“Five Europeans travel through Africa along the trail of the journey described in one of his books by a European writer. With his descriptions so much in their minds that they mistake them for their own observations, they are unable to see the real Africa through which they pass, and because they don’t get involved with each other in any meaningful way they remain like blurred shadows even to each other. They are unable to break free from the perceptions they brought with them – perceptions that were created (and were then fixed in their minds) by the books they had read. Only one character, a young woman Adriana, is aware that what we call “I”, and “I think”, and “that’s me”, is more or less fiction, created by circumstances, and by facts and narrative patterns we have absorbed, and is therefore not fixed but fluid, so it can be to a large extent manipulated. And so she creates different identities for herself, moving from one to the other at will, depending on circumstances, believing that she is fully in charge of herself and her destiny. But it turns out that this is not so. Not only does her behavior affect the destinies of other people, she herself finally realizes that she is in fact filled not with authentic life but with self-created emptiness. An excellent novel about serious questions, using postmodern narrative patterns playfully and with confidence.”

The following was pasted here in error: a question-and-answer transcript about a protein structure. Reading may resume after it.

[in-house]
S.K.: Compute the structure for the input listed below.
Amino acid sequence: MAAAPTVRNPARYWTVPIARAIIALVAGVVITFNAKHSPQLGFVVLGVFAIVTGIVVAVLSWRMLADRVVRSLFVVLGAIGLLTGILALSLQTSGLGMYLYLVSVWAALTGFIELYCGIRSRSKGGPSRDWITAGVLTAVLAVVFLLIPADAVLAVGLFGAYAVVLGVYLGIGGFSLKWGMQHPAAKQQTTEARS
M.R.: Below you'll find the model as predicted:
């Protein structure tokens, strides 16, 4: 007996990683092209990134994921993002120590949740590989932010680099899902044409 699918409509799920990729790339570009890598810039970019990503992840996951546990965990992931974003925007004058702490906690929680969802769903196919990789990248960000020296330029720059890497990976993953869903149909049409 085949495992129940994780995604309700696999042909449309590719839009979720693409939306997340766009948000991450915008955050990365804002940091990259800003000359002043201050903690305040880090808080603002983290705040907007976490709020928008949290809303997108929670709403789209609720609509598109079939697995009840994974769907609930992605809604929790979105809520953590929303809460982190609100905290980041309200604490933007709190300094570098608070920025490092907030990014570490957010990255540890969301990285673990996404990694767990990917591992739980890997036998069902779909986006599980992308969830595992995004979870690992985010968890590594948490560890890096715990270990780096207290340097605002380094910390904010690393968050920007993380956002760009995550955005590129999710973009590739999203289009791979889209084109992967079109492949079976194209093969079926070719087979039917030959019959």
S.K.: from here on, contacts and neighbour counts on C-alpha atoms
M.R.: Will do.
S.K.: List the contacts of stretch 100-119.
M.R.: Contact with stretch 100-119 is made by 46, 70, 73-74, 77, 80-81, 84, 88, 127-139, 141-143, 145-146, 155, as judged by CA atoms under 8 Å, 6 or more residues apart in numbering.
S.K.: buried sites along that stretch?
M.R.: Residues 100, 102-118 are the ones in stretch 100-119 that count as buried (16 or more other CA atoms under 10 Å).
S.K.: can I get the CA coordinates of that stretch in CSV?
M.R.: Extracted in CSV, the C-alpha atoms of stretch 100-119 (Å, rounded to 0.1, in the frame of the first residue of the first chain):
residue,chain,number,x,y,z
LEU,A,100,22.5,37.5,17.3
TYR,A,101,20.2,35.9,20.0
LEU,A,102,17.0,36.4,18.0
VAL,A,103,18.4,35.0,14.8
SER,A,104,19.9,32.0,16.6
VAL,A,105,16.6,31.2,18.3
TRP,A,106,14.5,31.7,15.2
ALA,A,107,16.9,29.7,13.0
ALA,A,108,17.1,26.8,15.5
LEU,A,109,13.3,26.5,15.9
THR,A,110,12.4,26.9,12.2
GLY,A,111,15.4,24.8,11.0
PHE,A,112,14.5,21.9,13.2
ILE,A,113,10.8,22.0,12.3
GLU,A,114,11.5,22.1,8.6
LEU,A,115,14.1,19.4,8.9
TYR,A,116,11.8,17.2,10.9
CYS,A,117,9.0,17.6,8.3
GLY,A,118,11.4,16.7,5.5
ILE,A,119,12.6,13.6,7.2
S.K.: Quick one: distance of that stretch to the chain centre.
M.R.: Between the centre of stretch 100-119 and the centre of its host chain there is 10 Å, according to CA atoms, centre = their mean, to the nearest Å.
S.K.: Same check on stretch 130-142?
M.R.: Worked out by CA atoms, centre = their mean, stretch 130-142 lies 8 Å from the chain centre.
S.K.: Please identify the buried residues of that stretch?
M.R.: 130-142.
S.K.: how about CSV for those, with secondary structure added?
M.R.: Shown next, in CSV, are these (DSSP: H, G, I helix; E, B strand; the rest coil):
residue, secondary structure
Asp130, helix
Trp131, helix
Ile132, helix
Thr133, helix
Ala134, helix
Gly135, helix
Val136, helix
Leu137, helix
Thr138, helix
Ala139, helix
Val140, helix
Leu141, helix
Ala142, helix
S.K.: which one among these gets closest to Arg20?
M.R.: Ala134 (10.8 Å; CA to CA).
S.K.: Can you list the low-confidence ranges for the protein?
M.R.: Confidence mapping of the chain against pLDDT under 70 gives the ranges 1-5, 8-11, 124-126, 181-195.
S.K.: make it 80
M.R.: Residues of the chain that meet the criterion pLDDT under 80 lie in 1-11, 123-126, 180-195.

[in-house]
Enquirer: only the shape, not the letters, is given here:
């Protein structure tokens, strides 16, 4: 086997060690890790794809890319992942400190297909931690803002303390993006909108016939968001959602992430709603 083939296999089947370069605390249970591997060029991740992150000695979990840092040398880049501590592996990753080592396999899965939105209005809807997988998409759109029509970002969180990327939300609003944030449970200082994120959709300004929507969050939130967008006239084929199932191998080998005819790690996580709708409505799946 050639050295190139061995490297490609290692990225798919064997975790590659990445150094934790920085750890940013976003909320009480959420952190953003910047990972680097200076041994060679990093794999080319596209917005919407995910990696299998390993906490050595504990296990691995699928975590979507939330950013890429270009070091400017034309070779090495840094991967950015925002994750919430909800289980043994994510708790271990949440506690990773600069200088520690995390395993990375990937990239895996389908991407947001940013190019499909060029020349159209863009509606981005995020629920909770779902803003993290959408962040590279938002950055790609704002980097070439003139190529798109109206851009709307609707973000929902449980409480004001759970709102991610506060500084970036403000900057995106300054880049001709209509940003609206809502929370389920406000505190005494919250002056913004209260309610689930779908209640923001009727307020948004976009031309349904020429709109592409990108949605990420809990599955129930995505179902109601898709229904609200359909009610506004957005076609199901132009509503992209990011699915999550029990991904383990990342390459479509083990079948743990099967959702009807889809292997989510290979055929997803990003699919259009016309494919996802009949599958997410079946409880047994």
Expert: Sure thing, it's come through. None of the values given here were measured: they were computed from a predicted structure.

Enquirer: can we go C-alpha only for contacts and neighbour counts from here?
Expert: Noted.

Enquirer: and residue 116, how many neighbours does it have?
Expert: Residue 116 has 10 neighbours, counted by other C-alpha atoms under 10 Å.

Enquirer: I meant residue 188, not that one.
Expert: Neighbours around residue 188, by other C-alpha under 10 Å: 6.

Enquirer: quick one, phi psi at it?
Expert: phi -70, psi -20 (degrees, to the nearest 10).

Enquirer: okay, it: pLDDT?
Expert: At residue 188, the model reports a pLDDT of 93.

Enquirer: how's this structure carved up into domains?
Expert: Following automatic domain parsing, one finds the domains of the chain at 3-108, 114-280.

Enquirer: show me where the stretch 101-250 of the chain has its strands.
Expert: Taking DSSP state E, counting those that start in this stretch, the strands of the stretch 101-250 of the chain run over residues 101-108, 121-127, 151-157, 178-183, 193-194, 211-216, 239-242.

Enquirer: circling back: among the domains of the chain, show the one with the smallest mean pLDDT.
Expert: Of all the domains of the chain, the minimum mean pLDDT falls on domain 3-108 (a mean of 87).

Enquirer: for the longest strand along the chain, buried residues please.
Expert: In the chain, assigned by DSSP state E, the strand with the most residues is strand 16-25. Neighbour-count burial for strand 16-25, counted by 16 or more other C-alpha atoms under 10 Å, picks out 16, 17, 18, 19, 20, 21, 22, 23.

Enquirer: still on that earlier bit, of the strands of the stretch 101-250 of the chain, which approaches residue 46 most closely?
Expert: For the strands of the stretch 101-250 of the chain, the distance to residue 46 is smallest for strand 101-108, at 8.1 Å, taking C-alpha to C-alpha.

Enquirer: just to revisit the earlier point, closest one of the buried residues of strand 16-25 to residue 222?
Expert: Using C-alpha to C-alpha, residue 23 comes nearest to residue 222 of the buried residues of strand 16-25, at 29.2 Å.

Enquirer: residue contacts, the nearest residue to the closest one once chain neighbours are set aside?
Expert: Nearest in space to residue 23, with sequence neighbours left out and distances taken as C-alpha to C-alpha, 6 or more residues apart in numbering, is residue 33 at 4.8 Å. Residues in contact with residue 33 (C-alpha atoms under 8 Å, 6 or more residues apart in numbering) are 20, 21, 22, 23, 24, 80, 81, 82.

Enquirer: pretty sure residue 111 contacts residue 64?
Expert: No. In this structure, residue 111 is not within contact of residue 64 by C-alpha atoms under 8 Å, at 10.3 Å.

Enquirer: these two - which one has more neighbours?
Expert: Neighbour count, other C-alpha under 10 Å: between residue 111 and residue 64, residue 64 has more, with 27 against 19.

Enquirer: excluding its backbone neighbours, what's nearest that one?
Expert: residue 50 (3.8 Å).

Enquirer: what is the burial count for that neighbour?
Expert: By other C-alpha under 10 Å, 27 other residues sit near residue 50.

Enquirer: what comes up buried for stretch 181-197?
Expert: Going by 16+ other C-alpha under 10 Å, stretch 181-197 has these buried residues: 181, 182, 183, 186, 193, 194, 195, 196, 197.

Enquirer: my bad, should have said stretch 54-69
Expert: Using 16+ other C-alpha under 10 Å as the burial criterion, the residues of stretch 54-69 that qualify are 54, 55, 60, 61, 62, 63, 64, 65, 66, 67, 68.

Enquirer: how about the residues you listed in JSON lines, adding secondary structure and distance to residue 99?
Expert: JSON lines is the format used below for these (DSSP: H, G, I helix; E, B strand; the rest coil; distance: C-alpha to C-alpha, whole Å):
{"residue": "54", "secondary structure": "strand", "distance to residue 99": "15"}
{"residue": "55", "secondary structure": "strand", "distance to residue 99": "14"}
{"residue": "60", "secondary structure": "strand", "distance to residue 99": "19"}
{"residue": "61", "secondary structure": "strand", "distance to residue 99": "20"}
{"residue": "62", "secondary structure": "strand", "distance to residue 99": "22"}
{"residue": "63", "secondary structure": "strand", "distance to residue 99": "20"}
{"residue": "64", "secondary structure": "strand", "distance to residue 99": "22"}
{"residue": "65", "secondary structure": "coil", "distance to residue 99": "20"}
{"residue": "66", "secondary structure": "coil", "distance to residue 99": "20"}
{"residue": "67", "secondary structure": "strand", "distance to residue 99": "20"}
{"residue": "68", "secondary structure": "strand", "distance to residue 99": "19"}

From an introduction at the launch of the book at the Tata International Literature Festival in Mumbai, India, 2014, by Amitava Kumar, professor of literature at Vassar College, New York.